Mario Lemieux had many memorable games with the Pittsburgh Penguins, but in today’s “When Sports Were Played” we go back exactly 31 years, to April 25, 1989, and a playoff game against Philadelphia when Super Mario had perhaps his best game, a 5-goal, 8-point performance.

PITTSBURGH – Mario Lemieux played the most important hockey game of his career Tuesday night. That he did so with strained neck muscles which limited his peripheral vision will only add to the legend.

The 23-year-old center has given Penguins fans a lifetime of memories in his five short seasons in the National Hockey League, but on this night he sent 16,025 of them here at the Civic Arena into a frenzy with the most magical performance of his career.

Cleared to play by team doctors less than 12 hours earlier, Lemieux scored four goals in the opening period and finished with five goals and eight points as the Penguins hammered Philadelphia 10-7 to take a 3-2 lead in their Patrick Division final series.

Both his five goals and eight points tied NHL playoff records and Lemieux’s four-goal period tied the NHL record first set by Philadelphia’s Tim Kerr in April, 1979. Lemieux, who twice had eight-point games this season, unofficially set 11 team playoff records in the game, and a number of other Pittsburgh and Philadelphia records.

“I’ve had some great games, but under a lot of pressure like that, a key for the team … I think that was one of the best,” Lemieux said. “This was a must game for us. This was a big game for everybody, the team, the franchise. There was no tomorrow for us in our mind. We had to get off to a quick start and get some goals.”

Battered and frustrated by the Flyers in Game 4, during which he suffered his neck injury after being accidentally checked by teammate Randy Cunneyworth, Lemieux emerged from his morning checkup to put Philadelphia on the ropes. The Flyers face elimination when the series resumes Thursday night at the Spectrum, with the winner advancing to the Wales Conference finals against Montreal.

“Those things happen,” he said of his rough treatment in Game 4. “All I want to do is come back the next game and try to hurt the other team by doing what I did.”

Playing like a man possessed – and with a minimum of pain – Lemieux seemed to own the puck when he was on the ice Tuesday. He won faceoffs seemingly at will, threw perfect passes to teammates as a matter of routine and overwhelmed Flyers goaltender Ron Hextall. Lemieux scored three goals in the opening 6:55 of the game, becoming only the second Pittsburgh player to record a playoff hat trick.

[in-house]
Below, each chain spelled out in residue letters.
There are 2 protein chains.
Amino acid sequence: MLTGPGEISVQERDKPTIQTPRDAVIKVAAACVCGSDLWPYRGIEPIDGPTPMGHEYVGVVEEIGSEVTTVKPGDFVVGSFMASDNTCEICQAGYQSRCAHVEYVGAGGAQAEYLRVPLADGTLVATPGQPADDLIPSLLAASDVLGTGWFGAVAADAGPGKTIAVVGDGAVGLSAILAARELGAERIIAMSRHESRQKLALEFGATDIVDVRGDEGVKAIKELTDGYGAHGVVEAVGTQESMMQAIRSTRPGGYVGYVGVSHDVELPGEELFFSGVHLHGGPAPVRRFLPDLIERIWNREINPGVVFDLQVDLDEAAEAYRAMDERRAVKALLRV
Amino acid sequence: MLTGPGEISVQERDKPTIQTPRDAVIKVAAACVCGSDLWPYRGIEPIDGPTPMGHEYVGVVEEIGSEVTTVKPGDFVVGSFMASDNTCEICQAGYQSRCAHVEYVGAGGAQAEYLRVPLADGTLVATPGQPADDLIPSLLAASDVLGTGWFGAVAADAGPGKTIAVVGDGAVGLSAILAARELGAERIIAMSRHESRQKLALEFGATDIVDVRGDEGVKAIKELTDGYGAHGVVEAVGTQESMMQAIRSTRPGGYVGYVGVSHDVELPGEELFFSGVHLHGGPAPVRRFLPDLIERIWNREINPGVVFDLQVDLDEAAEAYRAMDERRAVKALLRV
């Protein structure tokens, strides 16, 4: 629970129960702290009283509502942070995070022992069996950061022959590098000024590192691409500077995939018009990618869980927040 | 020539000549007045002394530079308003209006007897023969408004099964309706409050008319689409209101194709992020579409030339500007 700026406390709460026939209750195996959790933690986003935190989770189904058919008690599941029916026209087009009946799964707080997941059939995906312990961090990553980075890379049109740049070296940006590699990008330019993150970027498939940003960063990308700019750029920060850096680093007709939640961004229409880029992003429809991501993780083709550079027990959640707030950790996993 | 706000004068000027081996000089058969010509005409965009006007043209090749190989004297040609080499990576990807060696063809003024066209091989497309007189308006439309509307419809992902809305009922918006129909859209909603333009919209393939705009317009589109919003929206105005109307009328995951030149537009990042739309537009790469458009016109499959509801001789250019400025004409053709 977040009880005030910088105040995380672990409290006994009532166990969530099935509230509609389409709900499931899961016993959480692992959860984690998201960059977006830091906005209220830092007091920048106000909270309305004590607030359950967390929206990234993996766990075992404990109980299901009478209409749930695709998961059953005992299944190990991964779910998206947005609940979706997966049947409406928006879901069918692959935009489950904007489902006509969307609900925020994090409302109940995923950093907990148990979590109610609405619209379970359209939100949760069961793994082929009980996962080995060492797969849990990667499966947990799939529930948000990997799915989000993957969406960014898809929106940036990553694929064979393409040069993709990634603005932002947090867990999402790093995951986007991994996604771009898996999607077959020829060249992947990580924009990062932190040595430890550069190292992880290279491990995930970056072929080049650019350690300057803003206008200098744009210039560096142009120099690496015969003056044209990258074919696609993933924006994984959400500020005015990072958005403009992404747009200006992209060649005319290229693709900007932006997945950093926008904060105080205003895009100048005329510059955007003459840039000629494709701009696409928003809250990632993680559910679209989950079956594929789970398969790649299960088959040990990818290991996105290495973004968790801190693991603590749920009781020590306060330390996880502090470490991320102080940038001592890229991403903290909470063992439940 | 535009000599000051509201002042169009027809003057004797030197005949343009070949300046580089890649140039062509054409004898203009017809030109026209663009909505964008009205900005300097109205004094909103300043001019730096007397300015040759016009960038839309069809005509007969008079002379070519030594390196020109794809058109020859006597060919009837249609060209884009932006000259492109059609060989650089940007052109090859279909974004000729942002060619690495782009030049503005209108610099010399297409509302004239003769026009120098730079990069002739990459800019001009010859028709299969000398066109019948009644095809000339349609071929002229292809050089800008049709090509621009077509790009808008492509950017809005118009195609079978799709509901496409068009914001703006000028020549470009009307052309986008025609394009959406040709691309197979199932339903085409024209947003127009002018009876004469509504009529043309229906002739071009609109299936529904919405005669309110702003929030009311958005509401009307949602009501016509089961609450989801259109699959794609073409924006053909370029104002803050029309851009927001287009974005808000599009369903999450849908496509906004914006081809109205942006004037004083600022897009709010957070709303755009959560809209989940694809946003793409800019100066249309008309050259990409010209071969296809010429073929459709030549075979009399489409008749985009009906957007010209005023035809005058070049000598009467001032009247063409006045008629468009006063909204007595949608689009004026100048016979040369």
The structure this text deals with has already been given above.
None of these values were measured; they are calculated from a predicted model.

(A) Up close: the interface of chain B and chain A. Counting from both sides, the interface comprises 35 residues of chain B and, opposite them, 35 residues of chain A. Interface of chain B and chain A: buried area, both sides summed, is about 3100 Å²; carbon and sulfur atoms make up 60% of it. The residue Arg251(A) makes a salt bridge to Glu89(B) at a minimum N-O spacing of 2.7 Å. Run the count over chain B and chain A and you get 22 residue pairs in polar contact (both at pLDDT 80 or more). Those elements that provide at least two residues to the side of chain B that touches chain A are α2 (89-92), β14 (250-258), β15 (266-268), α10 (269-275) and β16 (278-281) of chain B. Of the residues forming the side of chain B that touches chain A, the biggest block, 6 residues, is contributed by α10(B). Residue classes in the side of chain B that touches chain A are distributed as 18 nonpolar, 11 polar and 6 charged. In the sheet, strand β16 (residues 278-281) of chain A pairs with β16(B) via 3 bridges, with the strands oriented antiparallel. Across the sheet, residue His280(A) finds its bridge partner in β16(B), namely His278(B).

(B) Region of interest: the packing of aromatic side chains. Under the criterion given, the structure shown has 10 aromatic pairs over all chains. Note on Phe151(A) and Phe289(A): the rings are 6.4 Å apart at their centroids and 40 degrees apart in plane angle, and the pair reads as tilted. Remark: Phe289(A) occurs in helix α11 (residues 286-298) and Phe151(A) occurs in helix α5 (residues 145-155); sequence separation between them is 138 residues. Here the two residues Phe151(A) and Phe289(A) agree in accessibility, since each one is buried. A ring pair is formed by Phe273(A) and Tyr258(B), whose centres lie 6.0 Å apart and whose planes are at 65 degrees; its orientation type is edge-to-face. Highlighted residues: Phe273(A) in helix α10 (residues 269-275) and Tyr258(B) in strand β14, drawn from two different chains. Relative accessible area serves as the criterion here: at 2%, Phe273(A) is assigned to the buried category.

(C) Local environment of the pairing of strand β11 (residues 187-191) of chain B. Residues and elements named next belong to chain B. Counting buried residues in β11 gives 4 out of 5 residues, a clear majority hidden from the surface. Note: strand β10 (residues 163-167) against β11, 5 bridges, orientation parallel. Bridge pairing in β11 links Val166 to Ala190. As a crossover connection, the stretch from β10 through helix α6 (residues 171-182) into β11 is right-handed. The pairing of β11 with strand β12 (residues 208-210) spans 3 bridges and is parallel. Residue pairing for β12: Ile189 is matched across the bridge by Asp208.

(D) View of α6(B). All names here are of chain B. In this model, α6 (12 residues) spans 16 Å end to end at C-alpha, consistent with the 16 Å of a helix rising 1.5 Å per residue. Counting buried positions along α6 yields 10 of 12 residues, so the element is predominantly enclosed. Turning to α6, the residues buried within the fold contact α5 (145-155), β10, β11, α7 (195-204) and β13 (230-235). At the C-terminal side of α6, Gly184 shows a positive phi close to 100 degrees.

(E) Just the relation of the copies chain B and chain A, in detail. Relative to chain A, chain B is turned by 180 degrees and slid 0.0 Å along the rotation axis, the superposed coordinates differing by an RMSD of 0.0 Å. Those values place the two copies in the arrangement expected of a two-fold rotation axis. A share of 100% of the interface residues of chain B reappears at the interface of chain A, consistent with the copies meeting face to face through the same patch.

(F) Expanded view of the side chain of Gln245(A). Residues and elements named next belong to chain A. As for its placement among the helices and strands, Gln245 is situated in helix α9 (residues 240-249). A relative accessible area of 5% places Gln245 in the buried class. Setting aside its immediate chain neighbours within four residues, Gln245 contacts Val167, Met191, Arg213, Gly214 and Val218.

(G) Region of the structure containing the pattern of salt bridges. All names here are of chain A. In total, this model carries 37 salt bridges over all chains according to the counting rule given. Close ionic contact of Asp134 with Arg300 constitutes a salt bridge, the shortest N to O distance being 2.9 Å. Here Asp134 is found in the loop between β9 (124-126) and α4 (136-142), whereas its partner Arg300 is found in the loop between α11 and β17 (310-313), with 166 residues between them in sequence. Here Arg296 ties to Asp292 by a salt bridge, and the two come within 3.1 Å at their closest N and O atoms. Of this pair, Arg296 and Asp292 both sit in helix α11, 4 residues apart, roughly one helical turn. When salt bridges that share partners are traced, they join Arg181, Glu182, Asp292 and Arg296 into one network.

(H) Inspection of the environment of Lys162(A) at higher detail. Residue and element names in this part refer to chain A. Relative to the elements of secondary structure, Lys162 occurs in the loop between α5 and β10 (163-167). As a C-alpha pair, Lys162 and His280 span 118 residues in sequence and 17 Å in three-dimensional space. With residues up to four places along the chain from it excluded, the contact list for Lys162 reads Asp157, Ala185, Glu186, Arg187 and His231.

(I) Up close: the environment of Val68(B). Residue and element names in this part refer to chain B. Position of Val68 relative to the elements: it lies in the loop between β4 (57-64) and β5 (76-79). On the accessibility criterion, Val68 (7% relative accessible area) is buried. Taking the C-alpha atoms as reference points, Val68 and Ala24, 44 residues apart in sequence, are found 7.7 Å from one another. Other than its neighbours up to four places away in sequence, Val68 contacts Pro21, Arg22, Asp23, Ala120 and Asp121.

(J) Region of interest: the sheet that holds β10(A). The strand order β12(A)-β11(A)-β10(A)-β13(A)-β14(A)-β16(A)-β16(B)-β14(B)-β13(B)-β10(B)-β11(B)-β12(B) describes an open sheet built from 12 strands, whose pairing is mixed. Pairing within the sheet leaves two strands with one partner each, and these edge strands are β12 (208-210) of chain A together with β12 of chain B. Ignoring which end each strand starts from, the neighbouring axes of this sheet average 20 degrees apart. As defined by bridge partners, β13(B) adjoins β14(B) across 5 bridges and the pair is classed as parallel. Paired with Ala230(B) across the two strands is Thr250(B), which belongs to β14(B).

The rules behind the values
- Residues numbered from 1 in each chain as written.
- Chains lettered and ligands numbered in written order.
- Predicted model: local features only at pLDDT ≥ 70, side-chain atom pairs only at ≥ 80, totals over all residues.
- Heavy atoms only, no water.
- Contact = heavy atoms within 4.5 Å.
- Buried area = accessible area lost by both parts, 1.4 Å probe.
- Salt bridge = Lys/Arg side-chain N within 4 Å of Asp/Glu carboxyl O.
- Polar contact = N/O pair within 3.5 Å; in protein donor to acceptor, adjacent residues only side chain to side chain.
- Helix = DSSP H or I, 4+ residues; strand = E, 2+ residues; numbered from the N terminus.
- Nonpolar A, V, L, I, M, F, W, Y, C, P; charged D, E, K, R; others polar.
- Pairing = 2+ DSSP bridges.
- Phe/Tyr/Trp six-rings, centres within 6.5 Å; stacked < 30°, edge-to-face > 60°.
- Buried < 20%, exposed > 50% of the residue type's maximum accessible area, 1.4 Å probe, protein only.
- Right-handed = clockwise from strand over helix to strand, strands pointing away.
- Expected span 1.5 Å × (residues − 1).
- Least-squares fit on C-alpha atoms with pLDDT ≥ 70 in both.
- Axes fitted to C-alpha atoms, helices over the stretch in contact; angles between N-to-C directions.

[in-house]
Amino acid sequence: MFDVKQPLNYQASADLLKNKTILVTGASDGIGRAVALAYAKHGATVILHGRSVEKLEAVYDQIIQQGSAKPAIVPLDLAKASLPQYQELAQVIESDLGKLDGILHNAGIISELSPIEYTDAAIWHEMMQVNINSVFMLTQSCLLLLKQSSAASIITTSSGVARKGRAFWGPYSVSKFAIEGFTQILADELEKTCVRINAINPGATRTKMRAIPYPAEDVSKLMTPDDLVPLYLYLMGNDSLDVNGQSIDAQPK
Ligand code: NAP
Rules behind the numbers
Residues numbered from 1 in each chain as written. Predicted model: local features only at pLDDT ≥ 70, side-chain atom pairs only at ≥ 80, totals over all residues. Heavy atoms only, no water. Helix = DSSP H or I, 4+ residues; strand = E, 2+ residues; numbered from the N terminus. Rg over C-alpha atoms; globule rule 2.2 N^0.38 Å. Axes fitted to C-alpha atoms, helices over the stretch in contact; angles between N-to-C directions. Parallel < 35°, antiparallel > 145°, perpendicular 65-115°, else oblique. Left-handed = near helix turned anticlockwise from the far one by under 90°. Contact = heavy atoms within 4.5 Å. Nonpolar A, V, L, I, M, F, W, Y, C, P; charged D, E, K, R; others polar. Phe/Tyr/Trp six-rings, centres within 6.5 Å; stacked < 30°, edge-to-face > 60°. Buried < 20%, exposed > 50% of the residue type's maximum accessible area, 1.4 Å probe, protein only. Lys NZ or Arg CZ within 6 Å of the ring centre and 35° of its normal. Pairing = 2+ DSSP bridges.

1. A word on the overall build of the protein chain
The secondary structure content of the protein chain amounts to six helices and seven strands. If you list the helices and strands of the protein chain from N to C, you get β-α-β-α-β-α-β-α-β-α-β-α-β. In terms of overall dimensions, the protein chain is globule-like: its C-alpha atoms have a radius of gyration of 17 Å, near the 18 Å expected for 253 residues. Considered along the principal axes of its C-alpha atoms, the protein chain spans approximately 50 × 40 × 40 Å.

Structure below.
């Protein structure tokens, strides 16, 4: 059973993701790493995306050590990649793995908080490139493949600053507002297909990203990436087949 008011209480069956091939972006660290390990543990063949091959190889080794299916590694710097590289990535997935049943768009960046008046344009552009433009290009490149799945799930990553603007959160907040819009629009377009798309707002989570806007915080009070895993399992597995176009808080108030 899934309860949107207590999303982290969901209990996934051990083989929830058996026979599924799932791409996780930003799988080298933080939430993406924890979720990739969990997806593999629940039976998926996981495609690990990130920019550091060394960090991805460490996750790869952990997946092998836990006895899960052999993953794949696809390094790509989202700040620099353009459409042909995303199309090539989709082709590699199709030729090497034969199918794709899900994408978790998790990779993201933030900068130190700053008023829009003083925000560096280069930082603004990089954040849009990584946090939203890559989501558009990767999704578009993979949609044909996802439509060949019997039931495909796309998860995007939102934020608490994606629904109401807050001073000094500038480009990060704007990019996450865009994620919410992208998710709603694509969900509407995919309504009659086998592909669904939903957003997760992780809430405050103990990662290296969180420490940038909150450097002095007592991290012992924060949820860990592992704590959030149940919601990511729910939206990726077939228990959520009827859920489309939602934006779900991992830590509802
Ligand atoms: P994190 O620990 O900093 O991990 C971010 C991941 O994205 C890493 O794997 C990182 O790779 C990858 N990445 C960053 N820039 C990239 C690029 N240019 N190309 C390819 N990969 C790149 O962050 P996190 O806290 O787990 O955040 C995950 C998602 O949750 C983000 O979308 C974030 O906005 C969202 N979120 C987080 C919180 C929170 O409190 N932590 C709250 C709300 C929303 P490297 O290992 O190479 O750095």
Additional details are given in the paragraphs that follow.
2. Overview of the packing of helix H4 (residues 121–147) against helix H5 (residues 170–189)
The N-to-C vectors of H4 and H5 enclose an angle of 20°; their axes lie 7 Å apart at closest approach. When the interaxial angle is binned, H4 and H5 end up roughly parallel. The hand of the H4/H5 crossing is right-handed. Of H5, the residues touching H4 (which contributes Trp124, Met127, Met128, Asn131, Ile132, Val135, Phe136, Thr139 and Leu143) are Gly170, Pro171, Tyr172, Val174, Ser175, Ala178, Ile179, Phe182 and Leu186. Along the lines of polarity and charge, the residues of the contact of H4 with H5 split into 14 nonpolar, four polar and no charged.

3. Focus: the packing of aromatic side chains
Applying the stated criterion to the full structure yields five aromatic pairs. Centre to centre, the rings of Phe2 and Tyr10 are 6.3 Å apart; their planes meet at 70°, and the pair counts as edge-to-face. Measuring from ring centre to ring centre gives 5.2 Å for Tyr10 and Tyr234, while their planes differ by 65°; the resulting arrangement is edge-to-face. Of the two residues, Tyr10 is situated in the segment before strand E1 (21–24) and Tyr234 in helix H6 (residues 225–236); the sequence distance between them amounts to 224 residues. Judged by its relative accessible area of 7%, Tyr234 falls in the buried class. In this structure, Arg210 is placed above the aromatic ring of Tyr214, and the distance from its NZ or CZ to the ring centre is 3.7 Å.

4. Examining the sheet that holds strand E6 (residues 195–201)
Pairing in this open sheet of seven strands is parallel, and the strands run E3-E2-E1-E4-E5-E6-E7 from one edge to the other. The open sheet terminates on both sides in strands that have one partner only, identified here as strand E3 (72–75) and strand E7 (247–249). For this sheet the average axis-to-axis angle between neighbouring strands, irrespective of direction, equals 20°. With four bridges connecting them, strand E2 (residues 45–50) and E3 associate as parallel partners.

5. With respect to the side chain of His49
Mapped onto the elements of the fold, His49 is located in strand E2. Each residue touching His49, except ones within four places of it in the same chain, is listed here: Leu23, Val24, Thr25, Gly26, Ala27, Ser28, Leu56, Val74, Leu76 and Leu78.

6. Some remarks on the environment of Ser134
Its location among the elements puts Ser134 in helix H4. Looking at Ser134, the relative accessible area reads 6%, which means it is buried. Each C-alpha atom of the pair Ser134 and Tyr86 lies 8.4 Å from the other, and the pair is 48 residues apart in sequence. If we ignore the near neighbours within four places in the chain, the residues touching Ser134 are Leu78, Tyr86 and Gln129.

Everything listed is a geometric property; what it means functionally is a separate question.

Those may have been the three quickest playoff goals by one player in NHL history, the record for which was not immediately available.

Tied for 13th in the league in playoff scoring prior to this game, Lemieux was third when it ended. He has eight goals and 13 points against the Flyers and 11 goals and 18 points in nine playoff games.

“There’s not much he can’t do,” said coach Gene Ubriaco. “That first period he was just awesome. Sometimes it just takes Mario to lead the way.”

By the time Lemieux scored his fourth goal by grabbing a loose puck behind the Philadelphia net, warding off Hextall with his body and dumping the puck into the open net, the Flyers were out of options in their vain attempts to stop him. So they tried an old Philadelphia staple, sending Craig Berube out to talk with him.

Their emotions seemed to get the best of the Flyers all night. Al Secord was called for high-sticking Phil Bourque 10 seconds after the opening faceoff, and five seconds after that penalty expired Lemieux scored his first goal, beating Hextall on a breakaway. Hextall dropped his stick in preparation to go after Rob Brown halfway through the first period and later was given a 10-minute misconduct for chasing Brown after the Pittsburgh right wing’s second goal of the game at 12:55 of the second period. Hextall was twice pulled by coach Paul Holmgren.

But Lemieux showed just as much emotion early in the game, something he normally does not do. He wasn’t about to lose this game, and the message was clear.

“I’d hate to think where we might have been without Mario tonight,” said defenseman Jim Johnson. Added Brown, “Mario played great tonight, but we come to expect that Mario game in and game out.”

Pittsburgh led by 9-3 after two periods but the Flyers didn’t quit. They scored four goals while taking 21 shots at Tom Barrasso in the final period before Lemieux scored his fifth goal into an empty net.

Left wing Bob Errey, the only Pittsburgh regular without a playoff point prior to the game, scored a goal and had two assists, and the Penguins also got goals from Troy Loney and Kevin Stevens. Defenseman Paul Coffey had four assists, setting a team record for one playoff game.

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